West Virginia urban deer hunt is lifeline for food programs
MORGANTOWN, W.Va. (AP) — A bowhunt for deer in one West Virginia city that began several years ago has become a lifeline for local food pantries and community kitchens.
When hunters first proposed an urban deer hunt in Morgantown about a decade ago, the idea was to control the population. Collisions with cars were commonplace and the deer were seen as a pest that ate people’s shrubs and flowers, the Dominion Post reported. Some residents were wary of letting archers hunt in the city, but the program has proven itself. Bowhunters have had no accidents while hunting more than 950 deer and harvesting about 9,500 pounds (4,300 kilograms) of ground venison.
Some of the meat is used by the bowhunters while the remainder is donated to organizations such as the Trinity Episcopal Church, Pantry Plus More, the Caritas House and the Ronald McDonald House.
Trinity Episcopal serves free lunches Monday through Friday and uses the donated venison about twice a week, Kitchen Manager Jim Chapman said. The donated meat lasts the entire year and has become an important way for them to offer high-protein meals without having to purchase expensive meat products. Some days the venison goes into meatballs. Other days, it could be used to make spaghetti sauce.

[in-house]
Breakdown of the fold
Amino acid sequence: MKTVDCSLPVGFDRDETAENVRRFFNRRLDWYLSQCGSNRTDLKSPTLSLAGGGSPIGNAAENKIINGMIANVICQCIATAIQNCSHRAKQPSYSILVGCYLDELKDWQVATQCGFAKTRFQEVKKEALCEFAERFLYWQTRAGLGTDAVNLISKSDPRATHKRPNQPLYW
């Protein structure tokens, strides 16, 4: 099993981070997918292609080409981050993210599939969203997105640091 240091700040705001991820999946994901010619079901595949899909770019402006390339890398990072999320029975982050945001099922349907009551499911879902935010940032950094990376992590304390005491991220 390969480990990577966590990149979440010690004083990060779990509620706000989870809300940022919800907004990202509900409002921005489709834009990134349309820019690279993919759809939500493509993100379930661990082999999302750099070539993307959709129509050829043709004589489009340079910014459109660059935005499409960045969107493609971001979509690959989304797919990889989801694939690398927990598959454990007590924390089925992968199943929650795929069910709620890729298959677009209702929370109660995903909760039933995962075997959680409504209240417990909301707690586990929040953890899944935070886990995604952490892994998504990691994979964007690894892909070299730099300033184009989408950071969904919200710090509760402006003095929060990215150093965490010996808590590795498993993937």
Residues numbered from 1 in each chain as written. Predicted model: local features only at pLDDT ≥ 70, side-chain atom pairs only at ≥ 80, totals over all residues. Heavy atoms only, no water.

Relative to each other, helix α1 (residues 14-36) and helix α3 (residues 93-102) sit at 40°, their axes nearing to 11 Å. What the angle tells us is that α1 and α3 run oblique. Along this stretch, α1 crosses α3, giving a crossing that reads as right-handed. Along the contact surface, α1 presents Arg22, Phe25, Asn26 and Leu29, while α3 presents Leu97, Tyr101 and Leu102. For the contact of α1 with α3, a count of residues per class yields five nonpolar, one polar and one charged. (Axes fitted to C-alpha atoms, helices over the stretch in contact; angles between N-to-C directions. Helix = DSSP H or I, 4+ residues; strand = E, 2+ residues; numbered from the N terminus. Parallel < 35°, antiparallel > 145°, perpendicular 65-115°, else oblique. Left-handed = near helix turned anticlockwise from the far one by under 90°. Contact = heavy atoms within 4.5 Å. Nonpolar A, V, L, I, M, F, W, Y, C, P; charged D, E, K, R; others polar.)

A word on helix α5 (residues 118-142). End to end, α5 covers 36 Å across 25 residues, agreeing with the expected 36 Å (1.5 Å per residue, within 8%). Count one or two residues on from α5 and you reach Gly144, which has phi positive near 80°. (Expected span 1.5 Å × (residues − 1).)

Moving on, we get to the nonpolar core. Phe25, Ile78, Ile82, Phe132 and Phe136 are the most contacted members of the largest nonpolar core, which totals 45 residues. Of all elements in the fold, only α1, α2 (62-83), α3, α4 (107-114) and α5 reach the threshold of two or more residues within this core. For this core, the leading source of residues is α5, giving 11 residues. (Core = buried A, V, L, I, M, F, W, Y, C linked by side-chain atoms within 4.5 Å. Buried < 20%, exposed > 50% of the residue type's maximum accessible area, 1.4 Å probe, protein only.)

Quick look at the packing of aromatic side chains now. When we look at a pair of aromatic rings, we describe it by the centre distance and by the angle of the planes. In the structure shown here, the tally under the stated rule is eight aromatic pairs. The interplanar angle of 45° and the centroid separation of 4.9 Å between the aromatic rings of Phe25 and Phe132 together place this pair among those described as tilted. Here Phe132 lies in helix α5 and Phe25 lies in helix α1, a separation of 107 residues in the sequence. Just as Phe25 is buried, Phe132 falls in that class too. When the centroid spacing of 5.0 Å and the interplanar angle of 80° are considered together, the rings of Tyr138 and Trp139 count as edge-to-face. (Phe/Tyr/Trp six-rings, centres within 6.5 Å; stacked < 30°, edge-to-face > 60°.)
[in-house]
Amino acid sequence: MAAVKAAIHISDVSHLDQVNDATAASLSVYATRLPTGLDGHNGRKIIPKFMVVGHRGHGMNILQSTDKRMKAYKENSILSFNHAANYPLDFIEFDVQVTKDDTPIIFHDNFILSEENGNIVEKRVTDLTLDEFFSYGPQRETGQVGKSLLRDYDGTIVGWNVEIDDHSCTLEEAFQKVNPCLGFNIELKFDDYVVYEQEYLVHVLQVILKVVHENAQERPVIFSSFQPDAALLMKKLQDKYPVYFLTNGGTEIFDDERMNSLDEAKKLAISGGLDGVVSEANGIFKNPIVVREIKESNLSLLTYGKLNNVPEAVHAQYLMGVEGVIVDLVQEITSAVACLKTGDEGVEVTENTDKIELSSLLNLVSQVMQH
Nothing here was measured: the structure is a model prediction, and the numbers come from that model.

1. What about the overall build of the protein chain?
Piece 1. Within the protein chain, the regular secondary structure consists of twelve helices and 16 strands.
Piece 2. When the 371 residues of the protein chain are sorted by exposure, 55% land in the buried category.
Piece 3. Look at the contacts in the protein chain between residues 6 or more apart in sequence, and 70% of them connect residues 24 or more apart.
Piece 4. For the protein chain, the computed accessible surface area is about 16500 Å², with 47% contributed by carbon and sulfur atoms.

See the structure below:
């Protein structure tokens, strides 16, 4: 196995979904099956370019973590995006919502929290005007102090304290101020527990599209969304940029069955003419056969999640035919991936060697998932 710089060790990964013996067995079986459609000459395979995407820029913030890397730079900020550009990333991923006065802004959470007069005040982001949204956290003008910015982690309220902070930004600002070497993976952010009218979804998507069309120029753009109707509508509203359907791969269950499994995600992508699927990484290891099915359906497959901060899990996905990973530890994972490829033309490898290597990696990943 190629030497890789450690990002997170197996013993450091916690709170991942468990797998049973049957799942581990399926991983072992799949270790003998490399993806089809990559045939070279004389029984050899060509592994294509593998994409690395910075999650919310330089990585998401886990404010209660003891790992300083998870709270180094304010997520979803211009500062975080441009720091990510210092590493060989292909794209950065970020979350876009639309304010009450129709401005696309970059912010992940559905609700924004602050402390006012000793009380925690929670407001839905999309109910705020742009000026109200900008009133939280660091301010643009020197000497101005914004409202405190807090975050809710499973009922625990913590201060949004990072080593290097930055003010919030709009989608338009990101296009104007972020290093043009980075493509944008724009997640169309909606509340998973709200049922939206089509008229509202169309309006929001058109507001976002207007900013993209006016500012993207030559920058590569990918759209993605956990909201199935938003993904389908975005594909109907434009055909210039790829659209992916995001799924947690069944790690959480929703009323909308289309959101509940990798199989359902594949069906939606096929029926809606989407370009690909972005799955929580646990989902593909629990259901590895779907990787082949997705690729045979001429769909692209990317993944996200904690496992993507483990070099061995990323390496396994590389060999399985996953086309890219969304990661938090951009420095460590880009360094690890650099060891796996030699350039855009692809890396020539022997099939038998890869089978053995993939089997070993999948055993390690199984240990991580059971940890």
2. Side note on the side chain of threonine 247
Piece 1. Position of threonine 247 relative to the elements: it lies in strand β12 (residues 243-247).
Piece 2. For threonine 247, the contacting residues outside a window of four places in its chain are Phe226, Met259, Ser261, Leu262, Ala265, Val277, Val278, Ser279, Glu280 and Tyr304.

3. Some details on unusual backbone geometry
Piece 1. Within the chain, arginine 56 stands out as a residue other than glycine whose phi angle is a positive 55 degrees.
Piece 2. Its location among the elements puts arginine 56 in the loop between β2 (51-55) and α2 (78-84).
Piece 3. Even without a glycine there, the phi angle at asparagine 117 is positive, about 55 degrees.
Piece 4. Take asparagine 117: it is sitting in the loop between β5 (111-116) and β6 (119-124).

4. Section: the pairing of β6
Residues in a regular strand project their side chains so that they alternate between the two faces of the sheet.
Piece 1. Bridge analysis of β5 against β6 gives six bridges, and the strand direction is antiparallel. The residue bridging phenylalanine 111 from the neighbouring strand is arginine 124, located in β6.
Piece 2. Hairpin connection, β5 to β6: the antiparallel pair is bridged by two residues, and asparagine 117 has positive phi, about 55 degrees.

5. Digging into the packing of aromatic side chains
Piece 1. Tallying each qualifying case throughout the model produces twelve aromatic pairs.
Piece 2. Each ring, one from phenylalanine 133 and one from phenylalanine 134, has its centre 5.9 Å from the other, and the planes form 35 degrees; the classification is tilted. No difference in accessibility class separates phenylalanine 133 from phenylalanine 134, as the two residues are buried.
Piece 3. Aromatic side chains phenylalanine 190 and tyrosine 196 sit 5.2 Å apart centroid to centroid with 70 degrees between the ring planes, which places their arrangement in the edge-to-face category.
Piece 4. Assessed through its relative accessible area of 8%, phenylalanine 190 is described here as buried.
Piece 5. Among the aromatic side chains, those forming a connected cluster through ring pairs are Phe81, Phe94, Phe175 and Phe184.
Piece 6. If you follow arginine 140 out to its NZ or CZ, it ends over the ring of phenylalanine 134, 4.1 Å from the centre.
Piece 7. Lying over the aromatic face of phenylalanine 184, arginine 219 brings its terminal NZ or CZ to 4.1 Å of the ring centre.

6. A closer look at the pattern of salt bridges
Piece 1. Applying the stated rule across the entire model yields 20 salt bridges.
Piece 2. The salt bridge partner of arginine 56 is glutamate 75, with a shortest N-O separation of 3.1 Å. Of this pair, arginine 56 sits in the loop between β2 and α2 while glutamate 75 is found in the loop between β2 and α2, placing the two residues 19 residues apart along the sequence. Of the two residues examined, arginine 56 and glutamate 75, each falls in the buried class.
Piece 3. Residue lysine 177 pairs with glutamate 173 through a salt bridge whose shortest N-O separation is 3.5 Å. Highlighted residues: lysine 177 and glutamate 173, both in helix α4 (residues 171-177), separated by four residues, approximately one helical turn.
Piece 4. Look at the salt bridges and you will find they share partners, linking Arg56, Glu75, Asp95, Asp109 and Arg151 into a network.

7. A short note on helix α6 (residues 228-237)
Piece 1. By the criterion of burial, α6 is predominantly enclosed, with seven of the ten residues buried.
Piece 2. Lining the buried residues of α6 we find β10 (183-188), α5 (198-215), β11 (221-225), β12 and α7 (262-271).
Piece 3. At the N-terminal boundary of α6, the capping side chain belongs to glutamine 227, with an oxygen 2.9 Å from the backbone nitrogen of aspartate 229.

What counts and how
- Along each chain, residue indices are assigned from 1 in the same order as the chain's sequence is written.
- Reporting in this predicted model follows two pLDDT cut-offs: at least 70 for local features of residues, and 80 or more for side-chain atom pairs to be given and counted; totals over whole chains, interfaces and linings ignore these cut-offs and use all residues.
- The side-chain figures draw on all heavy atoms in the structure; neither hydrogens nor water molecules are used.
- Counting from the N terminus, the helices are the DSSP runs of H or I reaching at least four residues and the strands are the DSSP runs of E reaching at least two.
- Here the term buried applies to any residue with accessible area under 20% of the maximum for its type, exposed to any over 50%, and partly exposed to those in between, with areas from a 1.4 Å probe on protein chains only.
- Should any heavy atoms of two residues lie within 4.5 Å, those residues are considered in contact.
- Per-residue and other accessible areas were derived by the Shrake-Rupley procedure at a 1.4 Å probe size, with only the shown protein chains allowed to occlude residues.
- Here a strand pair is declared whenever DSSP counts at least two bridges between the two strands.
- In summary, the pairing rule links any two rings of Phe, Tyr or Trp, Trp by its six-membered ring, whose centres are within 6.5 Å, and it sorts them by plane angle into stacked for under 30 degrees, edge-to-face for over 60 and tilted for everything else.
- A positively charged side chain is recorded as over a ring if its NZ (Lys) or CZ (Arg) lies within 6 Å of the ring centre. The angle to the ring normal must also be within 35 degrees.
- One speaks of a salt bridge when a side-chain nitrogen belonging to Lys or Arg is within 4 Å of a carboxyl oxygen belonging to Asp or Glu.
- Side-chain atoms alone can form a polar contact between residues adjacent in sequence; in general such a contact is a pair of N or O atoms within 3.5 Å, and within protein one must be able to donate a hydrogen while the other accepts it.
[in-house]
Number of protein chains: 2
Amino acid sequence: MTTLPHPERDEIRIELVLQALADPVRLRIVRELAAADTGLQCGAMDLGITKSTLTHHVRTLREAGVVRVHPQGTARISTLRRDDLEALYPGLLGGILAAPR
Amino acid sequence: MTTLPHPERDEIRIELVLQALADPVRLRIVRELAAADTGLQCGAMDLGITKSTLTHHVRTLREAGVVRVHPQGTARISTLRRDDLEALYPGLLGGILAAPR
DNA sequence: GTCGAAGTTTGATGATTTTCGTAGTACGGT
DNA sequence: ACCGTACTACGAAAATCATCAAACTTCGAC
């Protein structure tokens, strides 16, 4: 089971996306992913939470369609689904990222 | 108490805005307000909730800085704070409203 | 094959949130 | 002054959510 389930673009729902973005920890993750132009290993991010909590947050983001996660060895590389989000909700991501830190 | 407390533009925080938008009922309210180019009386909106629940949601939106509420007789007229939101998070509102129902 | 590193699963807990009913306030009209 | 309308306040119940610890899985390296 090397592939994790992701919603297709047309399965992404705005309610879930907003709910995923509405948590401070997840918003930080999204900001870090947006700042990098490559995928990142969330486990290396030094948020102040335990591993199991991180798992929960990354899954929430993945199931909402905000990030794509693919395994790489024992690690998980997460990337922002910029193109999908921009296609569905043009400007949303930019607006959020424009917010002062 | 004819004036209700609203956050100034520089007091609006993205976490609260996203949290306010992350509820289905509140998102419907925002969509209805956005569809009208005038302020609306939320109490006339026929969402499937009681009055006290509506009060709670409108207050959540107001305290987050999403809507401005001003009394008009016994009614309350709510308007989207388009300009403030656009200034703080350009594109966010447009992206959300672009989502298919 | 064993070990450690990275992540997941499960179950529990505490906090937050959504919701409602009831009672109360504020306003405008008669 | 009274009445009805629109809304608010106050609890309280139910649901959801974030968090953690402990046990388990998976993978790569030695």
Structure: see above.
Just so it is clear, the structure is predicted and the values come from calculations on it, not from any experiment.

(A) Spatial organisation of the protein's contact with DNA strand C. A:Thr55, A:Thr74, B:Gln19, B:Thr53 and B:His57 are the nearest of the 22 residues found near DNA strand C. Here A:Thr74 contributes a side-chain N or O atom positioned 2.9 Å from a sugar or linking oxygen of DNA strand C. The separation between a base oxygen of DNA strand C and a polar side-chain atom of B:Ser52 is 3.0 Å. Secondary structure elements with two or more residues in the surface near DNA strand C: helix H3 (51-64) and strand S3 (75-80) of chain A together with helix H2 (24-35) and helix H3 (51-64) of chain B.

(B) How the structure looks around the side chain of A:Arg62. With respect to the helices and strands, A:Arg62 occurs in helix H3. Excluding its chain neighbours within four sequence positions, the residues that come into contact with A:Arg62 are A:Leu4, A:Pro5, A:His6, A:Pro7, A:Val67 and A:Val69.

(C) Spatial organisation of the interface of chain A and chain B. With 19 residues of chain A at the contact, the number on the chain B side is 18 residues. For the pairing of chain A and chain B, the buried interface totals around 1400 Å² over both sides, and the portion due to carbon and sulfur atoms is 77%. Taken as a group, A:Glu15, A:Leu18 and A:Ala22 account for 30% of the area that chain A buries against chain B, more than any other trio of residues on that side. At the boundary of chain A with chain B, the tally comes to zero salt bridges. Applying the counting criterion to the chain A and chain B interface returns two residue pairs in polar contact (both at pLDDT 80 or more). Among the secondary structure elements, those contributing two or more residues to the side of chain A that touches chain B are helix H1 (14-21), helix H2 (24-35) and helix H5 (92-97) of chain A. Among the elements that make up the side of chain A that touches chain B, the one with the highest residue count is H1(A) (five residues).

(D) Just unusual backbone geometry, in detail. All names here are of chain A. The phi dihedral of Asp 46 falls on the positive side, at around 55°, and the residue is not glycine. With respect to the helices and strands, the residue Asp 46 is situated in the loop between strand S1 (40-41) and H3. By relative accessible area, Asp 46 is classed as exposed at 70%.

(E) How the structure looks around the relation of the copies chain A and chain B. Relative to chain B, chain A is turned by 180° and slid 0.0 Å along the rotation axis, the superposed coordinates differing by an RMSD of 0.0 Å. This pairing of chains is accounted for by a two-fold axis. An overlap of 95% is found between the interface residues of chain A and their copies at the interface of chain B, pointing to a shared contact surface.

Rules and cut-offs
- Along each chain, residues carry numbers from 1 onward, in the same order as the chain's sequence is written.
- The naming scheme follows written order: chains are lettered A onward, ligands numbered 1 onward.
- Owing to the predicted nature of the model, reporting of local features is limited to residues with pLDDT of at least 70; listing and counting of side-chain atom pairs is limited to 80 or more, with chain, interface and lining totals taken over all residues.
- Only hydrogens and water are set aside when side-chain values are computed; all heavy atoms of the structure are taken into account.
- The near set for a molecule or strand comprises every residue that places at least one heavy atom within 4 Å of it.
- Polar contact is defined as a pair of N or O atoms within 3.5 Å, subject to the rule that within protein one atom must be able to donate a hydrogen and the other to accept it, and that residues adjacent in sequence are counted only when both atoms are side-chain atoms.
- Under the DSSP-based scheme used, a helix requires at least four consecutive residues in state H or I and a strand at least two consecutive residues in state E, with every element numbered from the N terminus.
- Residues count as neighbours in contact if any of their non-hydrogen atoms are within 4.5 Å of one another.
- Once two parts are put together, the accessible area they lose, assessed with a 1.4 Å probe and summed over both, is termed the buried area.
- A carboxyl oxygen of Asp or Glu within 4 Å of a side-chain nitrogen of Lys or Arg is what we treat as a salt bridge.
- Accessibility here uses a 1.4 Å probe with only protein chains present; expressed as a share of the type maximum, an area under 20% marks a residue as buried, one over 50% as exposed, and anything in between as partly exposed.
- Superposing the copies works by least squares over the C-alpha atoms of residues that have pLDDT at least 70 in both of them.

“I just can’t state enough that we rely on that first hunt that provides us with so much venison,” Chapman said. “It’s a truly wonderful thing that they provide for us.”
Morgantown’s Urban Archery Hunt includes a group of about 60 volunteers. It runs from the first Saturday in September through Dec. 31, as well as the last two weeks of January. All volunteers must be experienced bowhunters and complete the National Bowhunter Education Foundation course, as well as an archery proficiency test.
“We place so much emphasis on safety (and) we place so much emphasis on doing things the right way,” said Paul Crumrine, the hunt’s volunteer coordinator. “And our results speak for themselves.”
Crumrine said they hope to grow the program and bring its benefits to surrounding communities.
“We’re looking at Westover, and Granville would be nice,” Crumrine said. “We just see a lot of deer in those areas where they’re not being hunted.”